A powerful transformer: the global transition away from fossil fuels and toward low-carbon renewable energy sources means power providers face sweeping change to traditional pricing and revenue models. What could industry disruption mean for the staid-and-stalwart utility companies?

Consumer electricity—produced from burning carbon fuels like coal—has traditionally been priced according to rates indexed to volumetric usage. Consumers typically pay per kilowatt-hour of use, providing a stable revenue base for utility companies to cover production costs and capital expenditure. This has also allowed them to pay out a historically stable dividend to investors.

But as the proportion of renewables generation—sourced from wind and solar, for example—increases, the cost of electrons, which form the commodity portion of electricity services, is falling rapidly. So kilowatt hours are cheap and getting cheaper—in some cases, falling from zero to negative marginal generation cost. This, in turn, is transforming energy into a declining-cost industry—similar to what has been observed in telecommunications—and potentially affecting the utilities’ traditional revenue base.

Rate Redesign 

Lower costs are generally good news for consumers. This is particularly true for those who are already affluent: consumers living in areas with multiple, competing energy providers, or those with the resources to become “early adopters” of alternative distributed energy resources (DER) like behind-the-meter battery storage, and lower-cost, renewable energy sources like residential rooftop solar.

In areas where a critical mass of consumers can adopt DER technologies or switch their contracts to other providers, old-line power companies may be left to pass on higher fixed costs to a smaller pool of users. And this is potentially bad news for utility companies and less-affluent energy customers alike.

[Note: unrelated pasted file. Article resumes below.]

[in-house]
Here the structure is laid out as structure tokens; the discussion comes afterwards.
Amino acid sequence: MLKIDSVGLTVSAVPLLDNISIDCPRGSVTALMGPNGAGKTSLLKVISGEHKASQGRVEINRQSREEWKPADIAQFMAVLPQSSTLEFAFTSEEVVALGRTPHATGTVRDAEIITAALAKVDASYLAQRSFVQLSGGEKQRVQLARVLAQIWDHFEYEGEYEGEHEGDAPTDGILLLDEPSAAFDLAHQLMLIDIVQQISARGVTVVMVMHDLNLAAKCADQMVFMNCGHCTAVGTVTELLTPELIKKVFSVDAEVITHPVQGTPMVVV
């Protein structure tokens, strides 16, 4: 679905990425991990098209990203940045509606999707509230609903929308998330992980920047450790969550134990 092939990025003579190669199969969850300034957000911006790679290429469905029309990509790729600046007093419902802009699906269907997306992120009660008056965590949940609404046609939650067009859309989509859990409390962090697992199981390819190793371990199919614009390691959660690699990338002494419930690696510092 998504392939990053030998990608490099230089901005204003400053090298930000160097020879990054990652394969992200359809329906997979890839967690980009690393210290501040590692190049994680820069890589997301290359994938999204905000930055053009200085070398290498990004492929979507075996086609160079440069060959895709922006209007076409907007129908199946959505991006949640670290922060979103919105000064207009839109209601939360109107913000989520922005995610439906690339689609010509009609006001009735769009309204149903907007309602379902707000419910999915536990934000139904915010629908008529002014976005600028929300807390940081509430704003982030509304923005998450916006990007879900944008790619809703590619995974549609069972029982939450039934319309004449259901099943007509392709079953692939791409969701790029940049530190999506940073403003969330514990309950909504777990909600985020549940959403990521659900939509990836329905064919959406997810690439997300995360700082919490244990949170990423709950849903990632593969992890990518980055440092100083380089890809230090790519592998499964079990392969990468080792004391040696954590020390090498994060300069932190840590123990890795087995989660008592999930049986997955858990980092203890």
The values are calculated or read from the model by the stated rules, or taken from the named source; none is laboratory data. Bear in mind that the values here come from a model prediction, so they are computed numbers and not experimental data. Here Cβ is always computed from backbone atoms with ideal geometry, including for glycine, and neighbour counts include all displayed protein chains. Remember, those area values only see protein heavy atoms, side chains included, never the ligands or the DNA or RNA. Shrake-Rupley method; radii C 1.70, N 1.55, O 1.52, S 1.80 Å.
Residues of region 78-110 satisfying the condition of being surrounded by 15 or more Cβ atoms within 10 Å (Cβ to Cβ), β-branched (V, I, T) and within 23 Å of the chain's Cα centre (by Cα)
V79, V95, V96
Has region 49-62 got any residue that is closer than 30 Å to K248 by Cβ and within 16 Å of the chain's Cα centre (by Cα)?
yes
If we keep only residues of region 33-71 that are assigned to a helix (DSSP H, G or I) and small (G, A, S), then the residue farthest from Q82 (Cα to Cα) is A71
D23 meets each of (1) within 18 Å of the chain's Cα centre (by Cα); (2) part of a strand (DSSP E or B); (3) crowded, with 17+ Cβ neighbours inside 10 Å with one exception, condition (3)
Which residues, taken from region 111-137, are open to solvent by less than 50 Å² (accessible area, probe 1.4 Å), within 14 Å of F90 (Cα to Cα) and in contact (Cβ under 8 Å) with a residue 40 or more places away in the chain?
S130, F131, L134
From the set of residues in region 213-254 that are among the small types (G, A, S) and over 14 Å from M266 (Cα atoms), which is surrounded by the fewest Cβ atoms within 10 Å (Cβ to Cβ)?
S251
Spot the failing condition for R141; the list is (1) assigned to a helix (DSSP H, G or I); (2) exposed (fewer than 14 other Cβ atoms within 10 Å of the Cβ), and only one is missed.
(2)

“Rate structure has to reflect cost and demand patterns. Right now we are seeing changes in cost curves due to zero marginal cost renewables, and changes in demand curves due to energy efficiency and behind-the-meter solar. With fixed costs making up an expanding share of total costs in a renewable energy environment, charging electricity rates based on volume may ultimately become unsustainable as a means of covering the cost of the delivery network and ensuring power grid security,” predicts Cheryl LaFleur, former executive vice president and acting CEO of National Grid USA, and a longtime member of the Federal Energy Regulatory Commission, the national energy regulator, which she chaired in two stints over a nine-year period of public service.

“In the short term, we are seeing more wholesale pricing for attributes such as ramping ability and reserve capability rather than just energy volume. In the longer term, this could mean that utilities are priced at retail more like cell phone service, for which customers are charged for network access, rather than the frequency or volume of calls,” LaFleur explains.

“What we are currently witnessing in the industry is a fertile period of rate redesign,” she adds.

Ahead of the curve

According to Anna Shpitsberg, Director of Global Power and Renewables at IHS Markit, while much of the shift is driven by disruptive technologies, utilities remain necessary to the transition to dynamic pricing. She points to Xcel—the Minneapolis-based utility that serves more than 3 million electric customers across the U.S. Midwest and Southwest—as a good example of the way some publicly listed utilities are pursuing iterative pricing changes with state regulators, as well as new collaborations with energy technology firms.

“Following the conclusion of a residential time-of-use (TOU) pricing pilot, Xcel formally requested that the Colorado Public Utilities Commission approve replacing tiered summer rates (higher electricity prices during summer) with TOU rates starting in 2021,” Shpitsberg explained in an interview with Investable Universe.  “In the meantime, Xcel is partnering with Itron, a global developer of DER solutions and “smart-city” utilities infrastructure—to deploy smart meters that will connect to consumer apps that detail real-time usage information at the appliance level.”

Proactive partnerships like these will be increasingly important for utilities in the years to come, as structural shifts in the energy industry bring new competitors into the space—and challenge traditional notions about the stickiness of utility customer relationships.